Income tax levied on high earners among other proposals to help bolster budget
OLYMPIA – Washington House Speaker Frank Chopp said Thursday that there’s a “better than 50-50” chance that voters will be asked to approve a sales tax increase this fall.
As envisioned now, the tax increase would be one-third of 1 percentage point more, or an extra 33 cents on a $100 purchase. It would bring in millions of dollars to help offset budget cuts to hospitals, nursing homes and health care programs.
Senate Democrats, led by Senate Majority Leader Lisa Brown, are floating the idea of a 1 percent to 3 percent state income tax on people earning more than $250,000. But critics, including Gov. Chris Gregoire, say that would likely be a steep uphill fight, both with voters and in the courts.
Brown, D-Spokane, insisted that the income-tax idea was still in play.
“I’ve always been realistic about the fact that it’s a short time frame for putting a big new idea out there,” she said. “… I still think it’s possible. I’m not going to say it’s likely, because … the governor’s made a pretty strong statement. It’s never easy when you’re talking about something like this.”
Facing a multibillion-dollar shortfall over the next two years, state lawmakers have proposed major budget cuts in higher education, health care, K-12 schools and some social service programs. A voter-approved tax increase would help offset some of those cuts.
Chopp also indicated support for a separate plan that voters may also see in November. It calls for the state to sell bonds to raise $1 billion or more to fix up schools and make them more energy efficient.
“I’m very pleased with that basic approach,” he said, although he said that lawmakers were still trying to agree on a way to pay for those 20-year bonds. Gregoire has also said she supports the idea.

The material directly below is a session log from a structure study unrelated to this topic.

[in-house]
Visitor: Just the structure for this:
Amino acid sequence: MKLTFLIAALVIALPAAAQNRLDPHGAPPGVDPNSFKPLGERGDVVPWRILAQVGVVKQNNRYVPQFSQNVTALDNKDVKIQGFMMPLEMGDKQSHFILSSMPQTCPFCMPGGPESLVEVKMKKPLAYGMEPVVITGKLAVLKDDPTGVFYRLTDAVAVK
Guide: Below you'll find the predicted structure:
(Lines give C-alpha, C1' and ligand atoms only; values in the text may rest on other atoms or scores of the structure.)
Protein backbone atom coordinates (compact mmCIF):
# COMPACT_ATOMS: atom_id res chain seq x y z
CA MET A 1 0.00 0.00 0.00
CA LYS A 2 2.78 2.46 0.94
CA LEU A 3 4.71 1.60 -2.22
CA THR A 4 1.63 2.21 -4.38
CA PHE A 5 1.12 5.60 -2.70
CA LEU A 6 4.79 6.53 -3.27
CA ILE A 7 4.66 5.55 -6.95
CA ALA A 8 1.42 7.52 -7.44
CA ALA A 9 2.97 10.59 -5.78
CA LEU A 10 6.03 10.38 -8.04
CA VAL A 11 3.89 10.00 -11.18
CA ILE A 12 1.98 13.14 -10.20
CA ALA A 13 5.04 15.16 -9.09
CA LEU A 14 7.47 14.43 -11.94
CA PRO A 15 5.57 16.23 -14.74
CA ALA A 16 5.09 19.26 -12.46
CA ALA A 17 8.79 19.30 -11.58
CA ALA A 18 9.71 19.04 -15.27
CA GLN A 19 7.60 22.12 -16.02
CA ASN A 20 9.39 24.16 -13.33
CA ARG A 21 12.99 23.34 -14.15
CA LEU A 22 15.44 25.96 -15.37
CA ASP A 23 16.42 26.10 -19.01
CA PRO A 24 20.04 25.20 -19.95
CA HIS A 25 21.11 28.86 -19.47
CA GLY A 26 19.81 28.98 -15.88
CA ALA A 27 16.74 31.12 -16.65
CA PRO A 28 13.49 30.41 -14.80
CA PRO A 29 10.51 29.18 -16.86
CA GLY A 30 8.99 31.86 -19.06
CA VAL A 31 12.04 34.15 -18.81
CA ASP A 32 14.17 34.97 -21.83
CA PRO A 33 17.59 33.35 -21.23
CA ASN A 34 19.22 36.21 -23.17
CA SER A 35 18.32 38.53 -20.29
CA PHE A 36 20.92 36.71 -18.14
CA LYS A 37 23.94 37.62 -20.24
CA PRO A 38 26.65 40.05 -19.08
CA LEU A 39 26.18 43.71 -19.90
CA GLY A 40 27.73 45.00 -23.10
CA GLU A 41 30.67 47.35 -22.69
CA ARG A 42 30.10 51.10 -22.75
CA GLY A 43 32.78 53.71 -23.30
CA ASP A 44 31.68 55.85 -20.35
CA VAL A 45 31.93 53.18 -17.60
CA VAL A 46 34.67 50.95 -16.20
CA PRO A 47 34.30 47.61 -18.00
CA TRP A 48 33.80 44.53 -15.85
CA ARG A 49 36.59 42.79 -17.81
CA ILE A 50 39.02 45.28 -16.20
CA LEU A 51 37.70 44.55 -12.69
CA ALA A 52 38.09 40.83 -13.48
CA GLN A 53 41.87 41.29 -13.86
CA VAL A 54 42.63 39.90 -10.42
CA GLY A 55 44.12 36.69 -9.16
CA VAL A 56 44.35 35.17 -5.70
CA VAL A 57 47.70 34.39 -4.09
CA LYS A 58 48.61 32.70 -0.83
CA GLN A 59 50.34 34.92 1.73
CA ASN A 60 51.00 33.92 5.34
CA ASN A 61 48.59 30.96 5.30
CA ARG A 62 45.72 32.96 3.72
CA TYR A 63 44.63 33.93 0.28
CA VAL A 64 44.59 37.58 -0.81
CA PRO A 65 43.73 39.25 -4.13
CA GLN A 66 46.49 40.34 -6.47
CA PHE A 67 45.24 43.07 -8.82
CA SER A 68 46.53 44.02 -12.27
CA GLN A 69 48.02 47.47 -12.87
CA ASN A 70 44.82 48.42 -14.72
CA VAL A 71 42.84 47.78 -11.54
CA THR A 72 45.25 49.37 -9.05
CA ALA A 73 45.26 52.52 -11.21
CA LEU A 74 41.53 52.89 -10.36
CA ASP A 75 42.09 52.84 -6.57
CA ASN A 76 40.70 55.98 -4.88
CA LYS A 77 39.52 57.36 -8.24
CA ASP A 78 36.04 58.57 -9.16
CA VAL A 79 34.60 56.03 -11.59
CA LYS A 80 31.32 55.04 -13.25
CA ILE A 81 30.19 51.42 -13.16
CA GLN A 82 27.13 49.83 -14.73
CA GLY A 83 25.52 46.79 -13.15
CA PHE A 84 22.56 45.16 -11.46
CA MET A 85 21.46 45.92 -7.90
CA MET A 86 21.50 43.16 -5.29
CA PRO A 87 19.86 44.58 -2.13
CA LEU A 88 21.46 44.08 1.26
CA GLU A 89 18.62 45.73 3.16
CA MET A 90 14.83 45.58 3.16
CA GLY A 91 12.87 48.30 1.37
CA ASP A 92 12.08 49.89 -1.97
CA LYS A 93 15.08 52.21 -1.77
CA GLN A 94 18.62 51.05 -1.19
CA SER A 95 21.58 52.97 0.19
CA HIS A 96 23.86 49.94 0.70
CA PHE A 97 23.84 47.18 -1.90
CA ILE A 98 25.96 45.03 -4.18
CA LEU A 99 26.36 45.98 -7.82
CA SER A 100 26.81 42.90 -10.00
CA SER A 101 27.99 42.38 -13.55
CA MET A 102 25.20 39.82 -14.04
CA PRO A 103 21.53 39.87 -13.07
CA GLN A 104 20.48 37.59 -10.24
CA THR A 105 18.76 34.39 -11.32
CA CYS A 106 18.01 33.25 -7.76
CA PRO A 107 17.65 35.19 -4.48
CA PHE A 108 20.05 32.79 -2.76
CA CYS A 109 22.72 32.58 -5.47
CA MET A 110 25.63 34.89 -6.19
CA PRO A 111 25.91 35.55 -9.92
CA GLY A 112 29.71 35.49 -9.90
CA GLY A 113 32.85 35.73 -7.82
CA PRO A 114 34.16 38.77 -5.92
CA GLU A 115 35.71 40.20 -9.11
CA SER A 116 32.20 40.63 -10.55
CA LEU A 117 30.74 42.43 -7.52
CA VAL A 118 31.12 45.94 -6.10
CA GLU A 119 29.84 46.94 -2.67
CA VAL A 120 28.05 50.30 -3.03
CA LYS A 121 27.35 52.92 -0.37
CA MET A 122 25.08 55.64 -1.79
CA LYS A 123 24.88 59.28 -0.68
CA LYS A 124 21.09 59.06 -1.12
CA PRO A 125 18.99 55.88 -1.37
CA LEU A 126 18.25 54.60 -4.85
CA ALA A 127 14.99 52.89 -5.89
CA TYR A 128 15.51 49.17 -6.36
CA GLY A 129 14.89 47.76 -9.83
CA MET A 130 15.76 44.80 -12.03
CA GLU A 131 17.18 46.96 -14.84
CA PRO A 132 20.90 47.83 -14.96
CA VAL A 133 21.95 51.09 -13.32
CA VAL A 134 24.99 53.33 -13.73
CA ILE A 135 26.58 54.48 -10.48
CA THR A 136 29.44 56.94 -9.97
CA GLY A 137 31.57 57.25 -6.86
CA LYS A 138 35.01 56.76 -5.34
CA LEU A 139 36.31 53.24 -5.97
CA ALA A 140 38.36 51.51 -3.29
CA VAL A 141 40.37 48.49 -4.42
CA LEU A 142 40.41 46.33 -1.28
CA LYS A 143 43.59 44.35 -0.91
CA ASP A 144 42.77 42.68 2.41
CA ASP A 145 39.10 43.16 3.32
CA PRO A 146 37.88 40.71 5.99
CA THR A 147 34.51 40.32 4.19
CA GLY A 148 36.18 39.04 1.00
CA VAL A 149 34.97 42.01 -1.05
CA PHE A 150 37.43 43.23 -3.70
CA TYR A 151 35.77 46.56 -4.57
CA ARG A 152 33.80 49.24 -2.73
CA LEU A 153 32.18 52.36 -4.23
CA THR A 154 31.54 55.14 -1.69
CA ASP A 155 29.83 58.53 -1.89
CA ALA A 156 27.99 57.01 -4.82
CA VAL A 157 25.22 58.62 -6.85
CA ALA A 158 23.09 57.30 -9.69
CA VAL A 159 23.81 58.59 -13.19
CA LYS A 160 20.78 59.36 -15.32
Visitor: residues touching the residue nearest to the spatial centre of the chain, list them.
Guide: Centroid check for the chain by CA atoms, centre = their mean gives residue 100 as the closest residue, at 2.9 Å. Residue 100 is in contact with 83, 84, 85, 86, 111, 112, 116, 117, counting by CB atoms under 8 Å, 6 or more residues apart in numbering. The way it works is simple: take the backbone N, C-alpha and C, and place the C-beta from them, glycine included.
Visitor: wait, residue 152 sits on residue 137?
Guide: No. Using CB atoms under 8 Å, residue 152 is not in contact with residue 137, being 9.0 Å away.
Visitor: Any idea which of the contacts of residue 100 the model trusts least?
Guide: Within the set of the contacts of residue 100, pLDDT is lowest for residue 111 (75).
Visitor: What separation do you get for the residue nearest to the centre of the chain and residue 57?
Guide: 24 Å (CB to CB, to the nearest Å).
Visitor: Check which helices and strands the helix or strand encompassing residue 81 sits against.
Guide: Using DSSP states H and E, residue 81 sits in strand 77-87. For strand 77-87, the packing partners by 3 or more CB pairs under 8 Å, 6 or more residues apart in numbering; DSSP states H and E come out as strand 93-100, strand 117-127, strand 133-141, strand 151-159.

Chopp and Gregoire also agree on a plan to let more than 70 school districts across the state – including several in and around Spokane – collect $62 million in voter-approved property taxes unable to be collected because of a state limit on property tax levies. Among House Democrats, “there’s real strong support” for that, Chopp said.
Some Republicans lawmakers maintain that the income tax proposal is a bluff to make other tax proposals look mild.
“This whole thing is gamesmanship,” said House Minority Leader Richard DeBolt, R-Chehalis. “You cut the most vulnerable. You cut the most atrocious things you can do. You send them to the voters. You show them pictures of people in basic states of panic. You tell them they have to give you more money. And then you take that money and you give it to the Arts Commission.”
Brown said the Senate is willing to discuss the sales tax proposal, but that many Democrats want it to be offset by a tax credit for low-income people. Under the state’s sales-tax-heavy system, she said, low- and middle-income families pay a far higher percentage of their earnings in taxes than the wealthy do. That’s why the income tax proposal is aimed at high earners.
“I’ve been really pleased with the fact that people are taking it seriously and having good conversations about it,” she said.
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